I had never been to a Literary Event before, so I really didn’t know what to expect. Actually, to be completely honest, I didn’t even know that was a term–or even worse–that the events were so frequent and popular before this semester.   (For my Creativity & Innovation class focusing on Literary Citizenship, one of our assignments was to choose and attend a Literary Event).

I started to look through the then-upcoming events on campus, at a variety of bookstores, and at the Boston Public Library.  I was simply scrolling through hoping that something would catch my eye.

I have always been a fan of little and local bookstores–I find them super extraordinary and unique and get a little bit of relaxation just walking around in silence, admiring the work so many people have put into the millions of works of literature, and digging through little trinkets that you can only find at little hole-in-the-wall places (which is always my fav part, but certainly not my wallet’s).  Therefore, I was specifically looking through events at Brookline Booksmith and Paper Cuts Bookstore in Jamaica Plain.

One of the events at Brookline Booksmith was a featuring of Mona Awad reading from and discussing her new book, “13 Ways of Looking at A Fat Girl”, which seemed like something I could be interested in.  Therefore, I planned on attending this event on Tuesday March 1, 2016 and purchasing the book to read beforehand, which didn’t happen until 5 days ago, since the book just recently came out on February 23.  There was something about the way the book initially felt in my hands before I even opened the cover that told me I was going to enjoy it.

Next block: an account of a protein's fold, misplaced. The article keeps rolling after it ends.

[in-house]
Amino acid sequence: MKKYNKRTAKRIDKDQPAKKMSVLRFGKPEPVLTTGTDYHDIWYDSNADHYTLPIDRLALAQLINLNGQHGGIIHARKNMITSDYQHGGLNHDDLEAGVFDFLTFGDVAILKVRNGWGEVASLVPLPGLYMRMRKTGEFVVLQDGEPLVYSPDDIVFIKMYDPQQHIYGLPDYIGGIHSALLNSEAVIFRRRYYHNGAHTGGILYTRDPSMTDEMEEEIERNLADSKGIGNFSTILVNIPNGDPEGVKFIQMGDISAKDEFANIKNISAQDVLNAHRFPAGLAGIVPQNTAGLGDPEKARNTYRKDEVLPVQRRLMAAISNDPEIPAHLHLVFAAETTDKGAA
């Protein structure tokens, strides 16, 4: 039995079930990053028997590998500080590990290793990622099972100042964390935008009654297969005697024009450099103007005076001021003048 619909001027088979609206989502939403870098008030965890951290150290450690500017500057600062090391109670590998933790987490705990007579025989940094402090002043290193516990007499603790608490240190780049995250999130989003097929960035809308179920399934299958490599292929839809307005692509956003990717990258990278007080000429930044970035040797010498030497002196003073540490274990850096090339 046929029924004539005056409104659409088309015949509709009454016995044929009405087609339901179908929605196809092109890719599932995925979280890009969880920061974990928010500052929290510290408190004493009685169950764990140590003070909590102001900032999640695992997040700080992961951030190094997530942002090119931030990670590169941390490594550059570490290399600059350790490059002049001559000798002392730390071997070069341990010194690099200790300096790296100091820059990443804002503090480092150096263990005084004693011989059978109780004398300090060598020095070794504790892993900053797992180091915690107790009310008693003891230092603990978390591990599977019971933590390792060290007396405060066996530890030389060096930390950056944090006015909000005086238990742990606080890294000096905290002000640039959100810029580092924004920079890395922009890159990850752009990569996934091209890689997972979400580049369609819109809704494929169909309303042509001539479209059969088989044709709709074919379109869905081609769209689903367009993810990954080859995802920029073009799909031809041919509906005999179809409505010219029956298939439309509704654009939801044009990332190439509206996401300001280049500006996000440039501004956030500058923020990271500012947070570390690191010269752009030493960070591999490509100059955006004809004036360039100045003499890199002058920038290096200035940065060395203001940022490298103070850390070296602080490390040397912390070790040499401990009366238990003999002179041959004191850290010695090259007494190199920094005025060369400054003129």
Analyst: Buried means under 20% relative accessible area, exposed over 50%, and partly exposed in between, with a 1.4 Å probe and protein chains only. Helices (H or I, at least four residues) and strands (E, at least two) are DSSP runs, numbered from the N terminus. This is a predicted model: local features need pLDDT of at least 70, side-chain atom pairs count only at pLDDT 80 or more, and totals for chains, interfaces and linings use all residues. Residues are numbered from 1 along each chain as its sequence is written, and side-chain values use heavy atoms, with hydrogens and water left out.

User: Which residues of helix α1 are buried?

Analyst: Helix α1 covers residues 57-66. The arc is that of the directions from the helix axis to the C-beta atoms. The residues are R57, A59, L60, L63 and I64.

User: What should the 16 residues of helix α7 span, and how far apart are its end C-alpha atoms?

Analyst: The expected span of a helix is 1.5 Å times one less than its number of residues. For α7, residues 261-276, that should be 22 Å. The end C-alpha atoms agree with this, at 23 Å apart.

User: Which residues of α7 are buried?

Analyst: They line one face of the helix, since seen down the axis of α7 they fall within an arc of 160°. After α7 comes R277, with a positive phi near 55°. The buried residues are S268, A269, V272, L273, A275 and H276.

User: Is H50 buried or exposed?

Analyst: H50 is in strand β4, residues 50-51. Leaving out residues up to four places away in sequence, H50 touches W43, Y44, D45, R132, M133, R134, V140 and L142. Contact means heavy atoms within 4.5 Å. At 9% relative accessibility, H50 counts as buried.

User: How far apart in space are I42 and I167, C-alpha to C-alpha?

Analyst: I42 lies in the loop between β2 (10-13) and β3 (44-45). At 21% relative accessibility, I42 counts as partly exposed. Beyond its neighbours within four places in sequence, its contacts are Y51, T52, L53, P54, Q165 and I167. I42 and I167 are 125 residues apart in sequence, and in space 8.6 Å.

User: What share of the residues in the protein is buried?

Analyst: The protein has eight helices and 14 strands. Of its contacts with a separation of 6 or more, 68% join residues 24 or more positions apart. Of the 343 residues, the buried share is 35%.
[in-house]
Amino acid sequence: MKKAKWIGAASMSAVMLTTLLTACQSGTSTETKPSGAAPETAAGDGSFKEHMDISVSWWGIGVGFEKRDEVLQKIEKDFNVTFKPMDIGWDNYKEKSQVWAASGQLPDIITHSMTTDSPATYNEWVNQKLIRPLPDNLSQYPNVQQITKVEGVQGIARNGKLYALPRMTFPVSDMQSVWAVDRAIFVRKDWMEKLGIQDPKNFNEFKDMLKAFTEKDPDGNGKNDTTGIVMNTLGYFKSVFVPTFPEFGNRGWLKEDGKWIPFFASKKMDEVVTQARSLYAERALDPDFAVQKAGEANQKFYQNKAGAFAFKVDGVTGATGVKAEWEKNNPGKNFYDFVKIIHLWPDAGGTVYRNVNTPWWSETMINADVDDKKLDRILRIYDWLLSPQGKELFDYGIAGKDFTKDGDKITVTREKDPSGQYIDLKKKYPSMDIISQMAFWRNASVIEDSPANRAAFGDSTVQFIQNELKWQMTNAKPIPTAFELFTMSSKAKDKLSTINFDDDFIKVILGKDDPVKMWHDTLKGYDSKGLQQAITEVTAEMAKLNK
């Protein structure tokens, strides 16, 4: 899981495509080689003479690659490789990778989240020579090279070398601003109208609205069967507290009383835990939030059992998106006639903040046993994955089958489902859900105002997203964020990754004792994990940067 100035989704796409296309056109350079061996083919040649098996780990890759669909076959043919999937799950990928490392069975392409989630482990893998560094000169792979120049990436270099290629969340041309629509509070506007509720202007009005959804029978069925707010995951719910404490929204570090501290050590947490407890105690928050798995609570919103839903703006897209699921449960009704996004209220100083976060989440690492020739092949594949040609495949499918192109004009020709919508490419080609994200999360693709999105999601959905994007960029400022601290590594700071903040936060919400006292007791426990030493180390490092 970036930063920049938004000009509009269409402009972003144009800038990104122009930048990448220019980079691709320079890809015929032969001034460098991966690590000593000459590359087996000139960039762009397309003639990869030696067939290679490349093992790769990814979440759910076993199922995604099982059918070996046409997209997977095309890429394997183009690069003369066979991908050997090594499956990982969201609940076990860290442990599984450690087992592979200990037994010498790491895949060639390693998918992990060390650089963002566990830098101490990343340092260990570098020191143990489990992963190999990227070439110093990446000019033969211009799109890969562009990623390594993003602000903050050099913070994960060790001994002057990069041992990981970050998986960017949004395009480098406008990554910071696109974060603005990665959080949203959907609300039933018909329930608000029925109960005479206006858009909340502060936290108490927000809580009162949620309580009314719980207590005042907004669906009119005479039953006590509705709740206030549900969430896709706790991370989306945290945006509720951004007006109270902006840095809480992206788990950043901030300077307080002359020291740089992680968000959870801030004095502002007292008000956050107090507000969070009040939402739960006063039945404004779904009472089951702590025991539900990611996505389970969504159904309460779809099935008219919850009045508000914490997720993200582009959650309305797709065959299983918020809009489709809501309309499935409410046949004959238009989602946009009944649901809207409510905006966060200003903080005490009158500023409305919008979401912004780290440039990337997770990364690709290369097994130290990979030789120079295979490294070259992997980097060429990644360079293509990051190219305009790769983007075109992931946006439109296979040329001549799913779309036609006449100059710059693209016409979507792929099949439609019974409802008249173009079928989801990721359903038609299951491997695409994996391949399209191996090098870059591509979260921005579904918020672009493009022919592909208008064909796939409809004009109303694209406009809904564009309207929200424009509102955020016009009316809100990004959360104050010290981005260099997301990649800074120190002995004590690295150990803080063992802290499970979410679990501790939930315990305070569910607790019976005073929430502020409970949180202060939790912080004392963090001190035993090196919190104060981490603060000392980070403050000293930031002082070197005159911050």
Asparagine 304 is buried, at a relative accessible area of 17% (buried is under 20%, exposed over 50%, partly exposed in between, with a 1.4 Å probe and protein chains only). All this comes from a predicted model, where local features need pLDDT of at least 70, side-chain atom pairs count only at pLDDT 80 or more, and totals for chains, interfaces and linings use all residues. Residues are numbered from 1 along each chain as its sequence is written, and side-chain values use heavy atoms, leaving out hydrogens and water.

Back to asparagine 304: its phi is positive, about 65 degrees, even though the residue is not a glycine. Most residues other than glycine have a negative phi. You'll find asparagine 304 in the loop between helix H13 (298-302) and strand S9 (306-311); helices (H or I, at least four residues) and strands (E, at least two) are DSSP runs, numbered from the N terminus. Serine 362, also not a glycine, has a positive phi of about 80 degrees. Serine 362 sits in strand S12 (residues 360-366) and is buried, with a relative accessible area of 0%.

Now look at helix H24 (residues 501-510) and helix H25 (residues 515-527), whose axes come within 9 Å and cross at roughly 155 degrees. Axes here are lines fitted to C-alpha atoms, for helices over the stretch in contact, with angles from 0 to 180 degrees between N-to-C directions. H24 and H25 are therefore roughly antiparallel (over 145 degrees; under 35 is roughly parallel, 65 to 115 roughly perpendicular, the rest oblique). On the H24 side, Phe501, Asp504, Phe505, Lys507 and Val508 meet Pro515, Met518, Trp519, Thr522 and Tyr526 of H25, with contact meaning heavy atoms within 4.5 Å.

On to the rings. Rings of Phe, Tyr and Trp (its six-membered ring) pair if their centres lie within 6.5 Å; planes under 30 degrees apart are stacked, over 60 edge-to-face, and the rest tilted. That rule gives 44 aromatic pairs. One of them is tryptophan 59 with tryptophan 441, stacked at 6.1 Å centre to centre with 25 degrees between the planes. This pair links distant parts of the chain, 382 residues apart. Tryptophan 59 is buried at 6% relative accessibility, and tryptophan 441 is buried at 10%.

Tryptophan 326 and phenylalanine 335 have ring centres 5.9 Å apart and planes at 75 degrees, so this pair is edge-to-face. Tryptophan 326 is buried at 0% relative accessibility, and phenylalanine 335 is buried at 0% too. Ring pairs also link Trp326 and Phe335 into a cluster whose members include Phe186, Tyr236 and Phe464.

I got on the T, the Green Line, C Train to be specific, and headed for Coolidge Corner with my book in hand and mind ready to be refreshed.  I had never been on the C Line, and therefore had never been to Harvard Square before, never been to a literary event, and never met an author, but I was definitely ready to explore!

Right across the street from my stop was Brookline Booksmith, and right next to the bookstore was a Starbucks–yes!  I stopped in Starbucks, grabbed a hot-chocolate, my go-to to relax and enjoy time by myself, and headed in ready to have a night to myself.  I instantly felt like I walked into a magical world of my own–mostly because of the christmas lights strung along the ceiling, such a cute idea.

In a little corner of the basement, about 10 of us gathered around a small podium to hear Mona Awad discuss one of my new favorite books.  I’m the type of person who enjoys easy-read, light-hearted, realistic-fiction novels about little love stories and real-life happenings, therefore this book was perfect for me.


Her novel consists of 13 stories, all focusing on certain aspects of life that may be difficult for a “fat girl”.  The book is told over about 30 years, and each story, although sequential in manner, describes a different struggle with relationships, self-esteem, society, etc. that women, (and men) in society may face with their weight. It is such a great novel captivating the emotions of many of us in today’s society, with a very humorous and light tone.  One of my favorite themes throughout the book is that she doesn’t ever specify the weight of the “fat girl”, she leaves it to the reader to decide, and I think that’s really important.  Because of this, the reader, no matter their size, can personally relate to each story, and there are no judgments made about what “fat” consists of.  The book is so great, I don’t want to ruin it for you, so I will stop here!